Abstract.—Ever wondered how volcanic islands, garden ponds and gravel pits develop a rich biota? Or why rowan trees grow near pines? The answers in part involve patterns of bird visitations. Darwin appreciated that avian activities might help to explain the widespread distributions of taxa that live in disjunct habitats. This conundrum famously led him to examine the attachment and survival of recently hatched snails on ducks' feet. This talk will consider how our understanding of dispersal of freshwater invertebrates has improved since Darwin's era. I will particularly focus on evidence for waterbird-mediated dispersal of freshwater animals that are poorly known but that have substantial ecological and practical impacts—colonial invertebrates called bryozoans (or ‘moss animals') and their myxozoan parasites (‘slime animals'). I will illustrate how these unappealingly-named animals serve as ‘model systems’ that demonstrate the profound effect of waterbird movements on the development and dynamics of freshwater communities, and consequent impacts on water supply and emerging fish diseases.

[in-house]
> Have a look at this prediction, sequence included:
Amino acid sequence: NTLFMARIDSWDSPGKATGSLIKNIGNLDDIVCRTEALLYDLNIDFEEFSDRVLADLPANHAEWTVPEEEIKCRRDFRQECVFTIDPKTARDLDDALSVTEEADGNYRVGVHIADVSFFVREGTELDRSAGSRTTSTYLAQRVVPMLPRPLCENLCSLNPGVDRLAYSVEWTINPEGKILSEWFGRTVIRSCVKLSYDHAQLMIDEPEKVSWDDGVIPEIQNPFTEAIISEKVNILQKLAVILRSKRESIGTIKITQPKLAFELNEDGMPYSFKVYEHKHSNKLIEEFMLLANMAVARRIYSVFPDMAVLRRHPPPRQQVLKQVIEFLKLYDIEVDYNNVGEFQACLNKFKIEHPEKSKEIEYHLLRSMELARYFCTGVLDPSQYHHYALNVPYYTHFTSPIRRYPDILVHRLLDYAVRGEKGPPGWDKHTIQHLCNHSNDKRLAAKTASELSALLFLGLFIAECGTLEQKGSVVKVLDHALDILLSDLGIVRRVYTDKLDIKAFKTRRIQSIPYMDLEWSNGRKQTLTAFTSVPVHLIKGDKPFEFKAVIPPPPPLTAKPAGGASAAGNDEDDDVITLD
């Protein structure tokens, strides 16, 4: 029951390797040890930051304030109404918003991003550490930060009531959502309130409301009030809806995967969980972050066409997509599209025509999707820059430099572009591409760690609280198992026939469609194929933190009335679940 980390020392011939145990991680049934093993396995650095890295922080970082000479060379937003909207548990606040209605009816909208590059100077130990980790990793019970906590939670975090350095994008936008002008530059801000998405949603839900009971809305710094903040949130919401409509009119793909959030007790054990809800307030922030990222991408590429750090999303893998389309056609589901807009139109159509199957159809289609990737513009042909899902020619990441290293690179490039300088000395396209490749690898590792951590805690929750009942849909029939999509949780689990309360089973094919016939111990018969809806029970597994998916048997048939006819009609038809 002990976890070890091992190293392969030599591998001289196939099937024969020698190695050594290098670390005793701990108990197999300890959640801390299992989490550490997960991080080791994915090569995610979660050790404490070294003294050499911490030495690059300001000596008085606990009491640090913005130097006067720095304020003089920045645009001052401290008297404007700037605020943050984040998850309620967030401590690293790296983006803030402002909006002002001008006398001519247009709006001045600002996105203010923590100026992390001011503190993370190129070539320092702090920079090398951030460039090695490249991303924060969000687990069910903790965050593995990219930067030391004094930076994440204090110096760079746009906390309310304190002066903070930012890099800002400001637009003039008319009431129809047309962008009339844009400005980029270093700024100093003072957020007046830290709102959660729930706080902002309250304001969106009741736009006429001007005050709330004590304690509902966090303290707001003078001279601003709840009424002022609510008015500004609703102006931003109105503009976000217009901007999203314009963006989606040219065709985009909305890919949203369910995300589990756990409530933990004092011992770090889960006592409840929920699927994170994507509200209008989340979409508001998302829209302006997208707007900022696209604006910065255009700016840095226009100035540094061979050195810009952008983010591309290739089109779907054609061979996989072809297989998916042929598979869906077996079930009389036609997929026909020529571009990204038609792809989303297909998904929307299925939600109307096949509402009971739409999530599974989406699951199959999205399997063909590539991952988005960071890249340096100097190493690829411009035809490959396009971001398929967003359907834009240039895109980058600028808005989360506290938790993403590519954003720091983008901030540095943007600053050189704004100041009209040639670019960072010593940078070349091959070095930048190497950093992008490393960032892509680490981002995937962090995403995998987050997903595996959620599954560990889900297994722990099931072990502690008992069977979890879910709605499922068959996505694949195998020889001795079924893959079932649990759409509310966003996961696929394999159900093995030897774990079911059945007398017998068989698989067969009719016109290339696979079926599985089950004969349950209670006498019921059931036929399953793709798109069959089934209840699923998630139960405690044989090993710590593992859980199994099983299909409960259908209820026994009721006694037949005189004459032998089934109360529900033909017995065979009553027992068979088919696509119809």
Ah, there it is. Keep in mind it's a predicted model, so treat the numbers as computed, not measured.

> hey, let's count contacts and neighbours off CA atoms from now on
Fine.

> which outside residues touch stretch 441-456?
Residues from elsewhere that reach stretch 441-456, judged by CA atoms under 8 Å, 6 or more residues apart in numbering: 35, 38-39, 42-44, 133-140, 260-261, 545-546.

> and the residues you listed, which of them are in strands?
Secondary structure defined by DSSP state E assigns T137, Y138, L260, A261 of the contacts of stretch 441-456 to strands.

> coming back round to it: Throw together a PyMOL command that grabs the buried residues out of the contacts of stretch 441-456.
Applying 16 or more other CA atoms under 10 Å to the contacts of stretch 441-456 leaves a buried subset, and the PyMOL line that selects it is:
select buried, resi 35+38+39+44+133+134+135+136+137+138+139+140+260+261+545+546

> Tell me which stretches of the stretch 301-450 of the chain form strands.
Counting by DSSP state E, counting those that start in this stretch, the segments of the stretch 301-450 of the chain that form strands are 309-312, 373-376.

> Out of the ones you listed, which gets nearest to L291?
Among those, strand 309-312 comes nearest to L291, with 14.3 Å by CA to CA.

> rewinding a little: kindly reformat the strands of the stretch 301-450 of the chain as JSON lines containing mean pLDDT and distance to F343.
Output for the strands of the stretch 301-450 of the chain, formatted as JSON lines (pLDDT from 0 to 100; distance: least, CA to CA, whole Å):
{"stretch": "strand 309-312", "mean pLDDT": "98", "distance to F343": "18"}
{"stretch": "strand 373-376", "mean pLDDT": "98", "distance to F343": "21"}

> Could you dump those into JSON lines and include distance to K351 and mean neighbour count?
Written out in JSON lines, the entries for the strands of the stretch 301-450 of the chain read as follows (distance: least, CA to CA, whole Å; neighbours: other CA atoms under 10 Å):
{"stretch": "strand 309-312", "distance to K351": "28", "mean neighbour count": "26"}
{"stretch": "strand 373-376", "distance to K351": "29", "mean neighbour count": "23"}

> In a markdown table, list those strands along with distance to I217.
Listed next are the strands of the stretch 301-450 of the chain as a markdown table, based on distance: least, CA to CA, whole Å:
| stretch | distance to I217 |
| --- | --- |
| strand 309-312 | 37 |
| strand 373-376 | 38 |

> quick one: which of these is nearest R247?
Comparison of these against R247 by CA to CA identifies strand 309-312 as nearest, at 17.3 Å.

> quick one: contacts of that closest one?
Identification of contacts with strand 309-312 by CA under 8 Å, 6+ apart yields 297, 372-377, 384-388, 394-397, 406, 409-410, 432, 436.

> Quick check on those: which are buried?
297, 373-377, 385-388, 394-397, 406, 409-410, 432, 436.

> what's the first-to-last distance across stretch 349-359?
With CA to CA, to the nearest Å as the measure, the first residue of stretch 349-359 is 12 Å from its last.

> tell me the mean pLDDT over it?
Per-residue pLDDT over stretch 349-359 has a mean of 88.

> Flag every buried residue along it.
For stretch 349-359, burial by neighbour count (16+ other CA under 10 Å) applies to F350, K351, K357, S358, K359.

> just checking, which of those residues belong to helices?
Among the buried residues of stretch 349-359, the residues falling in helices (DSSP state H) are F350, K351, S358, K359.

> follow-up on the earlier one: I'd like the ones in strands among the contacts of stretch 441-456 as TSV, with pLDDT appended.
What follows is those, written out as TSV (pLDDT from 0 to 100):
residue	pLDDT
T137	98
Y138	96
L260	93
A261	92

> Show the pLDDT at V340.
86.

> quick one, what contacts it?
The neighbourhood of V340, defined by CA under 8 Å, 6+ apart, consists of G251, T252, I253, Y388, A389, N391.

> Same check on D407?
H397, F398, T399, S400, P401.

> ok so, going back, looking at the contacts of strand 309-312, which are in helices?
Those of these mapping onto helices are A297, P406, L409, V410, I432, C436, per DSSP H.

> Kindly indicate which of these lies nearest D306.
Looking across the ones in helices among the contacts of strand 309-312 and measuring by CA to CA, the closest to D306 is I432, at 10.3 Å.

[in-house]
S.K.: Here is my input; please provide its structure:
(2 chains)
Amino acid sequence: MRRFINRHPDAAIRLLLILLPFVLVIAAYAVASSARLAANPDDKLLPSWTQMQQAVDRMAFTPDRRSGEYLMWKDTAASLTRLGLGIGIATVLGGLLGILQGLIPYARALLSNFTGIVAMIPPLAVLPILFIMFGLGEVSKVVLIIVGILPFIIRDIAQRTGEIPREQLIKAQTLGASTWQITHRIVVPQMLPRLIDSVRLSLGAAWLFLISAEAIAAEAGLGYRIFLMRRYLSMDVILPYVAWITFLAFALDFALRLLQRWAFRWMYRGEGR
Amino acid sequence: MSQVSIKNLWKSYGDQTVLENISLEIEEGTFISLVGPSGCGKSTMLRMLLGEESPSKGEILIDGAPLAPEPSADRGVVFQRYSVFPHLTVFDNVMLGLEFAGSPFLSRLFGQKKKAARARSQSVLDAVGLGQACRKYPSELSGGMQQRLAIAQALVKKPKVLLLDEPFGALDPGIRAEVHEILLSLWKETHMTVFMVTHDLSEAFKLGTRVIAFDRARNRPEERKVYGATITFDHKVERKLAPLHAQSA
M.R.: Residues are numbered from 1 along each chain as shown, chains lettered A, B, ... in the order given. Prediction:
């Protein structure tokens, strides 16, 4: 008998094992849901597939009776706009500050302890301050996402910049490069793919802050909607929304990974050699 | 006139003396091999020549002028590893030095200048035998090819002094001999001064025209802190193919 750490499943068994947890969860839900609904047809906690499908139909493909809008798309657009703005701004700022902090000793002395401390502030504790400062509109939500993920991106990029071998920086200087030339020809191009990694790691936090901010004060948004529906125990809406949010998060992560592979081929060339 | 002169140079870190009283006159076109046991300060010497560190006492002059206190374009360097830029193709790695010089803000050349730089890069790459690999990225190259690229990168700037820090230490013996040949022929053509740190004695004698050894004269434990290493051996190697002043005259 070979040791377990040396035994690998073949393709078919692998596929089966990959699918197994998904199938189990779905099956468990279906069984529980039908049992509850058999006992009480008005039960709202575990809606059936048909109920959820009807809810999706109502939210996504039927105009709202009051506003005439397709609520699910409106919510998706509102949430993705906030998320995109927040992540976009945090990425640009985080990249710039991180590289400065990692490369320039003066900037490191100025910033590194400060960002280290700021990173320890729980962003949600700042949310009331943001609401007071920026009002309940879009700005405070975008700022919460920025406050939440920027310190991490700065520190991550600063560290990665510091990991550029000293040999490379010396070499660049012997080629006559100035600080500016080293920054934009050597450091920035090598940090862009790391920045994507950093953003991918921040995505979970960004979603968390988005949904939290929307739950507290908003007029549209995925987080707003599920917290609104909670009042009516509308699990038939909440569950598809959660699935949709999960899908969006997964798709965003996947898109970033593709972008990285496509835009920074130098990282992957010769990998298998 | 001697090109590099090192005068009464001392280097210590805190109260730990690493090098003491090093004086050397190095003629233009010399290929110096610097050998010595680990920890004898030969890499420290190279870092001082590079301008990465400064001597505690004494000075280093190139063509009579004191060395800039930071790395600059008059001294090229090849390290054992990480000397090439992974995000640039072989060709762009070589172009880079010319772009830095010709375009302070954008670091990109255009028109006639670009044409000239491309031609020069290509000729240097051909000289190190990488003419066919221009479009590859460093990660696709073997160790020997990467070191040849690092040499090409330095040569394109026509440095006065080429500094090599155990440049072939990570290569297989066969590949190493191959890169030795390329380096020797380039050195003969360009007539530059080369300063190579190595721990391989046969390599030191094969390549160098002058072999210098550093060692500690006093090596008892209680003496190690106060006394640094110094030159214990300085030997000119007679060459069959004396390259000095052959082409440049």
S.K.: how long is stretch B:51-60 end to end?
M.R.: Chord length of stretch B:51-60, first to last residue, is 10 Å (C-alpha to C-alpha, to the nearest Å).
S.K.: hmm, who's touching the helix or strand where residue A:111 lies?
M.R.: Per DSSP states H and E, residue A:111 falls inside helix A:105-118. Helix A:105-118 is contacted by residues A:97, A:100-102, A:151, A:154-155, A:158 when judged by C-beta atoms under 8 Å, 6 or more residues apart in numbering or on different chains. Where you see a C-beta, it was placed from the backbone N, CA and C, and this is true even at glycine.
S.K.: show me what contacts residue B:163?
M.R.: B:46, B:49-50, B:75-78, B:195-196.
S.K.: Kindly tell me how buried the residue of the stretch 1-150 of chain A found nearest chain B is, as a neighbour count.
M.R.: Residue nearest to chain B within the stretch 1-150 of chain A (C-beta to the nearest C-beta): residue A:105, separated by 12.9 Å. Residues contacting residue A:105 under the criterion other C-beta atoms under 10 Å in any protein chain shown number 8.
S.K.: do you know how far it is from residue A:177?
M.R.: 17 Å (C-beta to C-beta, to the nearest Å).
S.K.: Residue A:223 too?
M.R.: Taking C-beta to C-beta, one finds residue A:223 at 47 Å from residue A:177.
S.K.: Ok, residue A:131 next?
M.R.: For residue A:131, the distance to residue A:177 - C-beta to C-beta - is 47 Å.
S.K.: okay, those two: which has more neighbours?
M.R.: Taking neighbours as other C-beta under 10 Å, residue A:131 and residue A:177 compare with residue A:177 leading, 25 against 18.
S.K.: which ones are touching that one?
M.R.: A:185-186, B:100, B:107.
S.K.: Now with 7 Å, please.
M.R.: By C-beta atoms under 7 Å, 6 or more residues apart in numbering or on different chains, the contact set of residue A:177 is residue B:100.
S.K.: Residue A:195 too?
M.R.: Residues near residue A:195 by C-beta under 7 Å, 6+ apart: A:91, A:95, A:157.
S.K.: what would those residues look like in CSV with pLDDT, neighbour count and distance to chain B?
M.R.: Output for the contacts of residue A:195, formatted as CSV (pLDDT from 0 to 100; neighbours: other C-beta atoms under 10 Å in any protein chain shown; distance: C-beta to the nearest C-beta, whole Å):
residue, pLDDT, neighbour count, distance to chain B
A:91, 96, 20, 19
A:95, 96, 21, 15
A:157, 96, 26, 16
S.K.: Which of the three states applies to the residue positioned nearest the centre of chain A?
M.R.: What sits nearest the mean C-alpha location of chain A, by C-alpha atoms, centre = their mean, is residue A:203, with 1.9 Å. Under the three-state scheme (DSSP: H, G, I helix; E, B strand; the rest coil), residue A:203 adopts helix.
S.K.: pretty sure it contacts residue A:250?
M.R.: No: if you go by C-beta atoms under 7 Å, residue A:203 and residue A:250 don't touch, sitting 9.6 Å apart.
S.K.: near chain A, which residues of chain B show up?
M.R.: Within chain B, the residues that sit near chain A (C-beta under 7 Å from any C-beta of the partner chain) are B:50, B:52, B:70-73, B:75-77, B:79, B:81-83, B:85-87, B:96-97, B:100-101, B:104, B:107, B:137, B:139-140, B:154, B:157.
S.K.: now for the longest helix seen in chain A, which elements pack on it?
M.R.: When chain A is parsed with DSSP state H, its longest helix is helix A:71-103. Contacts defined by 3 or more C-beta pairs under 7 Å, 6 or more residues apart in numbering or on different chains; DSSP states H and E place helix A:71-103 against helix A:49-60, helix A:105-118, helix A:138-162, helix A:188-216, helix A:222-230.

Biography.—Beth Okamura is a Merit Researcher at the Natural History Museum, London. Prior to this she held positions at the Univ. of Oxford and Bristol, before becoming a Prof. in Aquatic Biology at the Univ. of Reading. Her Ph.D. from the Univ. of California, Berkeley, focused on the ecology and evolution of marine invertebrates, but her move to Oxford led to her long-term interests in how animals that live in isolated lakes and ponds manage to disperse and persist across the landscape. She has particular interests in the role of waterbirds as vectors of dispersal—a question that she is now beginning address in new ways by analysing DNA contained in faeces of ducks, geese and godwits (Limosa spp.).